Mycale (Aegogropila) orientalis ( Topsent, 1897 )

Van, Rob W. M., Aryasari, Ratih & De, Nicole J., 2021, Mycale species of the tropical Indo-West Pacific (Porifera, Demospongiae, Poecilosclerida), Zootaxa 4912 (1), pp. 1-212 : 13-19

publication ID 10.11646/zootaxa.4912.1.1

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Mycale (Aegogropila) orientalis ( Topsent, 1897 )


Mycale (Aegogropila) orientalis ( Topsent, 1897) View in CoL

Figs 4 View FIGURE 4 a–i, 5a–h, 6a–i, 7, Tables 1, 2

Esperella sordida var. orientalis Topsent, 1897: 459 View in CoL .

Mycale aegagropila View in CoL ; sensu Wilson, 1925: 426; Rao 1941: 445 (not: Johnston 1842)

Carmia orientalis View in CoL ; Lévi 1956: 17; Desqueyroux 1981: 739, figs 35–39.

Carmia contarenii View in CoL ; sensu De Laubenfels 1951 a: 261, fig. 8; Bergquist 1977: 65 (not: Lieberk̹hn 1859).

? Mycale sulevoidea View in CoL ; sensu Lévi 1961a: 16, fig. 20; Vacelet & Vasseur 1971: 86; Pulitzer-Finali 1993: 290 (not: Sollas 1902).

? Mycale View in CoL sp. 1 sensu Vacelet & Vasseur 1971: 88, fig. 38.

Material examined. Holotype MHNG C12 View Materials /4, slide of Esperella sordida var. orientalis , Ambon, Ambon Bay, between corals, depth 0-10 m (cf. Topsent, 1897, p. 425).

ZMA Por. 01604, Indonesia, depth 36 m, coll. Siboga Expedition, field nr. SE1295, details not certain, possibly from stat. 303, year 1899 ; ZMA Por. 01612, Indonesia, Nusa Tenggara, Timor, Samau Island , Haingsisi , 10.2050°S 123.4591°E, depth 23 m, coralline algae, coll. Siboga Expedition, stat. 060, fieldnr. SE 12 GoogleMaps III, 27 April 1899 ; ZMA Por. 02889, Indonesia, Nusa Tenggara, Postillion Islands, anchorage off Pulau Sarassa , 7.1833°S 118.2°E, depth 38 m, coll. Siboga Expedition, stat. 043, fieldnr. SE 1291 GoogleMaps V, 4-5 April 1899 ; ZMA Por. 02890, Indonesia, Nusa Tenggara, Flores, W coast, Bay of Badjo , 10.2050°S 123.4591°E, depth 40 m, dredge, coll. Siboga Expedition, stat. 050, fieldnr. SE 1313IIB, 16-18 April 1899 GoogleMaps ; ZMA Por. 02900, Indonesia, Nusa Tenggara, Postillion Islands, anchorage off Pulau Sarassa , 7.1833°S 118.2°E, depth 36 m, coll. Siboga Expedition, stat. 043, fieldnr. SE 1291 GoogleMaps II, 5 April 1899 ; ZMA Por. 07978b, Indonesia, Nusa Tenggara, NE coast of Sumba , E of Melolo, 9.9169°S 120.75°E, depth 1–4 m, gently sloping reef flat, coll GoogleMaps . R. W.M. van Soest, snorkeling, Indonesia-Dutch Snellius II Expedition stat. 052, field nr. 052 / II/22 , 13 September 1984 (color red) . ZMA Por. 10360, Seychelles, Mahé, NE coast, Cap Maçons and Anse de Forbans , 4.7667°S 55.5167°E, depth 0-6 m, coll GoogleMaps . R. W.M. van Soest, snorkeling, Netherlands Indian Ocean Expedition stat. 612, 14 December 1992 ; ZMA Por. 11929, Seychelles, Amirantes, Poivre Atoll , N rim, reef slope, 5.75°S 53.3°E, depth 10–15 m, coll GoogleMaps . R. W.M. van Soest , SCUBA, Netherlands Indian Ocean Expedition stat. 767, fieldnr. IOP-E 767/02, 29 December 1992 (color orange-red) ; ZMA Por. 15818, Seychelles, Mahé, NE of Aride Island, 4.1667°S 55.7333°E, depth 55 m, coll GoogleMaps . R. W.M. van Soest, Agassiz trawl, Netherlands Indian Ocean Expedition stat. 714, fieldnr. IOP-E 714/06, 19 December 1992 (color orange) ; ZMA Por. 17025, Oman, Kuria Maria Islands , Al Hallaniya main island, tidal region, on dead shell between stones, coll . R. G. Moolenbeek & H. Dekker, fieldnr. 91/61, 12 November 1991 ; ZMA Por. 17254, Oman, no further locality data, on dead shell, coll . R.G. Moolenbeek , fieldnr. MOO 02/04, December 2002 ; ZMA Por. 22274, Seychelles, Mahé, NE of Aride Island, 4.1667°S 55.7333°E, depth 55 m, coll GoogleMaps . R. W.M. van Soest, Agassiz trawl, Netherlands Indian Ocean Expedition stat. 714, fieldnr. IOP-E 714/06, 19 December 1992 (color orange).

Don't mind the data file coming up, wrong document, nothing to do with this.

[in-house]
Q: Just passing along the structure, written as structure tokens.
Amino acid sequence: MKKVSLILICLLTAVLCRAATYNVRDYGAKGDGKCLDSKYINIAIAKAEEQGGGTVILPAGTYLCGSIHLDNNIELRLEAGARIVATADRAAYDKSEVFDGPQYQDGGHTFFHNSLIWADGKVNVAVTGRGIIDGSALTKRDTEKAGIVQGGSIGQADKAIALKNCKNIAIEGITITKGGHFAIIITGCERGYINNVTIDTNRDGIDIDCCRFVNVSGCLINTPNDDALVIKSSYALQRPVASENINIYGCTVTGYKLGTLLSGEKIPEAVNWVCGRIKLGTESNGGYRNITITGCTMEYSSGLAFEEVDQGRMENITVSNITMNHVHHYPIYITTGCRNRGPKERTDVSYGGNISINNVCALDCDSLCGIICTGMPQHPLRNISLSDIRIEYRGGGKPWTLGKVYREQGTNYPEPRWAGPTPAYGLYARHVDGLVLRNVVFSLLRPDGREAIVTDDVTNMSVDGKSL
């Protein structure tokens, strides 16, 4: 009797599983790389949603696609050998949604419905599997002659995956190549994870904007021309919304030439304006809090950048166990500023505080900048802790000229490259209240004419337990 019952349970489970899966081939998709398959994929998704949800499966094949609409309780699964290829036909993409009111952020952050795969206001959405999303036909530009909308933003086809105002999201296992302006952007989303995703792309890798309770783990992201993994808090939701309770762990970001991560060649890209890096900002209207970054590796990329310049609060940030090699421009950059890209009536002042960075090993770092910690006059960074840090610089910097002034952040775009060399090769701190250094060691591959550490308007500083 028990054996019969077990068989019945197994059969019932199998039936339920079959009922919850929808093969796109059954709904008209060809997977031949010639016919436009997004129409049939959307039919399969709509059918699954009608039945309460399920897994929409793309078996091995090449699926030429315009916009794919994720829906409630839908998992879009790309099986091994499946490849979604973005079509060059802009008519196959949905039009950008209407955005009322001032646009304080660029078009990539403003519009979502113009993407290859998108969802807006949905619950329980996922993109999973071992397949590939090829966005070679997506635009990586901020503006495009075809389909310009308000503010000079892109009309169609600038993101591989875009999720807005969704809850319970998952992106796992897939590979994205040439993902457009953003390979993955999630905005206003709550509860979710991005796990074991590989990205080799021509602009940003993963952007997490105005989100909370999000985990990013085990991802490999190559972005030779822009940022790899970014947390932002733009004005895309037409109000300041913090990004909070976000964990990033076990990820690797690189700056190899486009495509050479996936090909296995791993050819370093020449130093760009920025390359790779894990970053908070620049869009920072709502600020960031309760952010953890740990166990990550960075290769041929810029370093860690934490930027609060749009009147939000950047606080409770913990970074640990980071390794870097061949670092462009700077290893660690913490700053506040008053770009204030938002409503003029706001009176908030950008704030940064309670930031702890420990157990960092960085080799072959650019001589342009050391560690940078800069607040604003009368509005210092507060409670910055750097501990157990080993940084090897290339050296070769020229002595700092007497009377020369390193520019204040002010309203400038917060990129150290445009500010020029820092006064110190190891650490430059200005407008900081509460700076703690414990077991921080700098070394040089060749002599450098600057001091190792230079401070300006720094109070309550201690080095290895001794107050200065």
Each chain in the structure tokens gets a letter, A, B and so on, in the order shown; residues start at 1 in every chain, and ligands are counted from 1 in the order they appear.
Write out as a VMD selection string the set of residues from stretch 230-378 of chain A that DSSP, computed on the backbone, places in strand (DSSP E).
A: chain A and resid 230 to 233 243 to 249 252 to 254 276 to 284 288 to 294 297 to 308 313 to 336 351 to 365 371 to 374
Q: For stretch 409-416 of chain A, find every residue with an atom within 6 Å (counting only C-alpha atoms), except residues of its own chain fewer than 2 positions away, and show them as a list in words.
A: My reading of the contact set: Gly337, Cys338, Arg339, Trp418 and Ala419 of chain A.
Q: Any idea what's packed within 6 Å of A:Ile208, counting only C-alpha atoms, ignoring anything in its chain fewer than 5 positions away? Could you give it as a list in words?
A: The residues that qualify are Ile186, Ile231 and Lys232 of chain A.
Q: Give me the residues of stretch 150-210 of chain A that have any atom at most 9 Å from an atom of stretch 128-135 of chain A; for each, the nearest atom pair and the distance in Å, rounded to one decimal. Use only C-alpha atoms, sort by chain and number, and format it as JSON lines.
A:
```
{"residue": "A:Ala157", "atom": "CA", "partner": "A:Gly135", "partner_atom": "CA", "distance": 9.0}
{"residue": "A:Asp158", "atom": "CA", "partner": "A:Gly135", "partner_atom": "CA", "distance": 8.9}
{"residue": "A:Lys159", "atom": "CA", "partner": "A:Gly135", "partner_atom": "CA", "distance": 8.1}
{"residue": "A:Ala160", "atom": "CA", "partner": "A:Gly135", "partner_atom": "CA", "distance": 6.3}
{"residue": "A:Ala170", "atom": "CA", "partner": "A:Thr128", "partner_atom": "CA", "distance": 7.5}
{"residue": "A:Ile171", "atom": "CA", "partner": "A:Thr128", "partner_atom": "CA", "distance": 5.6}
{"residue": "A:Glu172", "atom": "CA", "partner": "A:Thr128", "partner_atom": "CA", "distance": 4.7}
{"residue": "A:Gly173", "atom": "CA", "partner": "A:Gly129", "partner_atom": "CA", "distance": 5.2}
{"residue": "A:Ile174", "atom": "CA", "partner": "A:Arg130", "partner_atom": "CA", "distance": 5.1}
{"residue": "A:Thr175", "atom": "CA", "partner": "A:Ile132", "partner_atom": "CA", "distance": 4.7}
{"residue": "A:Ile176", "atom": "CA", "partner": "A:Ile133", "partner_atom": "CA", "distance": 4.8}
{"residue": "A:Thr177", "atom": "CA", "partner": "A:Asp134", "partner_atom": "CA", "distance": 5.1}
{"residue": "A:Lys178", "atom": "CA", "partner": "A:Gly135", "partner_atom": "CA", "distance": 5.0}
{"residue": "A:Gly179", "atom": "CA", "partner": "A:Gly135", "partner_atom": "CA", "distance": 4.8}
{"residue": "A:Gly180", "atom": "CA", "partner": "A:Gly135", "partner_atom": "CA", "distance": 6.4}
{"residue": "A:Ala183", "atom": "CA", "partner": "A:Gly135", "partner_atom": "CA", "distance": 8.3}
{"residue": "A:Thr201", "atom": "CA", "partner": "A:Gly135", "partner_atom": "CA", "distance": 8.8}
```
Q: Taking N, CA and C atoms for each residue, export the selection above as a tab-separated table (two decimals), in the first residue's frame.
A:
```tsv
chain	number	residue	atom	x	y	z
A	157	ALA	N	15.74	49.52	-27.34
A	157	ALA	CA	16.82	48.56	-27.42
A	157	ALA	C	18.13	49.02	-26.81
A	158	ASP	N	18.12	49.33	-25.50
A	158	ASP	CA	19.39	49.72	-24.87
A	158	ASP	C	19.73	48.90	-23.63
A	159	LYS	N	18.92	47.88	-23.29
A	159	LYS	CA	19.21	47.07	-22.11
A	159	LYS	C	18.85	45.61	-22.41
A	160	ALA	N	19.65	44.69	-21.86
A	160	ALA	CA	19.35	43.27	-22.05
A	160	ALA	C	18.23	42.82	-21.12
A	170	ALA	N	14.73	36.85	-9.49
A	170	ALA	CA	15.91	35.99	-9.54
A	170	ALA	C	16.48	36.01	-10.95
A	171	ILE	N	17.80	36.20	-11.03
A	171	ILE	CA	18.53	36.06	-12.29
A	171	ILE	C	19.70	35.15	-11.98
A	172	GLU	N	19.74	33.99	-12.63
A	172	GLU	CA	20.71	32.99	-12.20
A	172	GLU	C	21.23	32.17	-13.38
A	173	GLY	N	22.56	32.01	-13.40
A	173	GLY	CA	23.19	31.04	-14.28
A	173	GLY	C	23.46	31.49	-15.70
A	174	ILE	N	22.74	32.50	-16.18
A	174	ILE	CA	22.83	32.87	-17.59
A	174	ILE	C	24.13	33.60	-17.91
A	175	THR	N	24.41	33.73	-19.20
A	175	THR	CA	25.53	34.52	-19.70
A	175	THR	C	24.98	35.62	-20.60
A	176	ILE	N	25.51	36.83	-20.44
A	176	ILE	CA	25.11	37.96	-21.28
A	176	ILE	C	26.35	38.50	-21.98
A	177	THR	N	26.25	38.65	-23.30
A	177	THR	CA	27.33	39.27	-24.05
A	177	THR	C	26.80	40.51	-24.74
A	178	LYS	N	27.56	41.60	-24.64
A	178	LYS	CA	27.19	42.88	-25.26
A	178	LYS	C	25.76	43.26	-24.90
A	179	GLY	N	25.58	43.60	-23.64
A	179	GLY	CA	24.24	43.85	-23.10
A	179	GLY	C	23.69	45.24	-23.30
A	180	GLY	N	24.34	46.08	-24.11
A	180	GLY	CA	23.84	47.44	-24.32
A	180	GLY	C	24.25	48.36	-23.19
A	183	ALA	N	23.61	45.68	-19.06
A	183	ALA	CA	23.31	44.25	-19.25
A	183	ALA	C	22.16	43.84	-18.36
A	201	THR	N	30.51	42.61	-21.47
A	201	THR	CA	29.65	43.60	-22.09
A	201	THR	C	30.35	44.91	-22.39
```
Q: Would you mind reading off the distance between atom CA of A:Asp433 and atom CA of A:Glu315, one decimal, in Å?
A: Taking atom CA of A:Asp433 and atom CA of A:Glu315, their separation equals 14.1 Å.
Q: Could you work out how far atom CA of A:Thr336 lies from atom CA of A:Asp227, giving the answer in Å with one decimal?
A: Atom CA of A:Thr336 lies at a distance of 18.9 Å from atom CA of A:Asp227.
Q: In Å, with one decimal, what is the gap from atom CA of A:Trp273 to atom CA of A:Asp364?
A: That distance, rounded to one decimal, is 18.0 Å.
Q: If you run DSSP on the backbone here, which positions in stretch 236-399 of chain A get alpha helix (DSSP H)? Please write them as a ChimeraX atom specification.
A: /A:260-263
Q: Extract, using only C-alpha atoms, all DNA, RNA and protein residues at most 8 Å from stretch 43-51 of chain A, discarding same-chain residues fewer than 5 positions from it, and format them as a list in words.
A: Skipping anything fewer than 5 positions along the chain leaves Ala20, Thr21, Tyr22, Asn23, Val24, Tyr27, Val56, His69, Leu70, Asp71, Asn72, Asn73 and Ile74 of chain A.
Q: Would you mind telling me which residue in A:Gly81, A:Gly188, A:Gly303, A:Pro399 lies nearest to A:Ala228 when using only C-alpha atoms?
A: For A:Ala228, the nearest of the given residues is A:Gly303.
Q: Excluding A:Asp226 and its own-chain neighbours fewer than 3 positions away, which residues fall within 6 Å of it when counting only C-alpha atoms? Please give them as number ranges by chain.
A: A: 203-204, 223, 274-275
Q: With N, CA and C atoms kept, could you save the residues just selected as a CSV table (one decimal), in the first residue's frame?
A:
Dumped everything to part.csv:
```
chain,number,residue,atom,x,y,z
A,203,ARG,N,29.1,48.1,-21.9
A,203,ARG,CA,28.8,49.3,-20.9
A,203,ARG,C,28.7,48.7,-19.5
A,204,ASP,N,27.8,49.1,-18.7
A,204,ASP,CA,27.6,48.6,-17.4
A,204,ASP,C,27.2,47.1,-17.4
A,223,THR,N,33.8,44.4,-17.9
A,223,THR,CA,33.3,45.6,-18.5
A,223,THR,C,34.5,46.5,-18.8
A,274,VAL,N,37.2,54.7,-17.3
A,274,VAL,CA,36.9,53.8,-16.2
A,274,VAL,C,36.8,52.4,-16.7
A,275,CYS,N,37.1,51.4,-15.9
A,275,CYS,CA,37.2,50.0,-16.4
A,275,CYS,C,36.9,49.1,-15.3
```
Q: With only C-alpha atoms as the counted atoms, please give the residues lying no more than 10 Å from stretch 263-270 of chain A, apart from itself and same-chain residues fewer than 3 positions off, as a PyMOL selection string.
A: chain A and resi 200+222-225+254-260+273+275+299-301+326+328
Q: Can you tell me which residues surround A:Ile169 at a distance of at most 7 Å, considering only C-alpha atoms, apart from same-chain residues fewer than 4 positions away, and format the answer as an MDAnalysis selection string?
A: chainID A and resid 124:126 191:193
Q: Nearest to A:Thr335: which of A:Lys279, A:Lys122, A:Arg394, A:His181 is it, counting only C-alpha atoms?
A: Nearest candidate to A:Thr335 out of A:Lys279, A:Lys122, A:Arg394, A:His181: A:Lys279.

Description ( Figs 4a View FIGURE 4 , 5a View FIGURE 5 , 6a View FIGURE 6 ). The type is described as a network of creeping flattened lobes, which also applies to four Siboga specimens (ZMA 01604, 1612, 2889, and 2900). These show some tendency to be elongated branchlike, but other specimens are irregularly massive or thinly encrusting. All shallow-water specimens are encrusting without a definite form. Sizes vary, with largest encrusting specimen measuring 5 x 6 cm (ZMA 11929). A specimen from deeper water (ZMA 22274) consists of thin orange branches up to 2–3 cm long each. All specimens are soft. Colors where known are orange-red, orange or red, which keeps in alcohol in the more recently collected specimens but fades to light beige in older specimens. Surface smooth or more irregular, variable.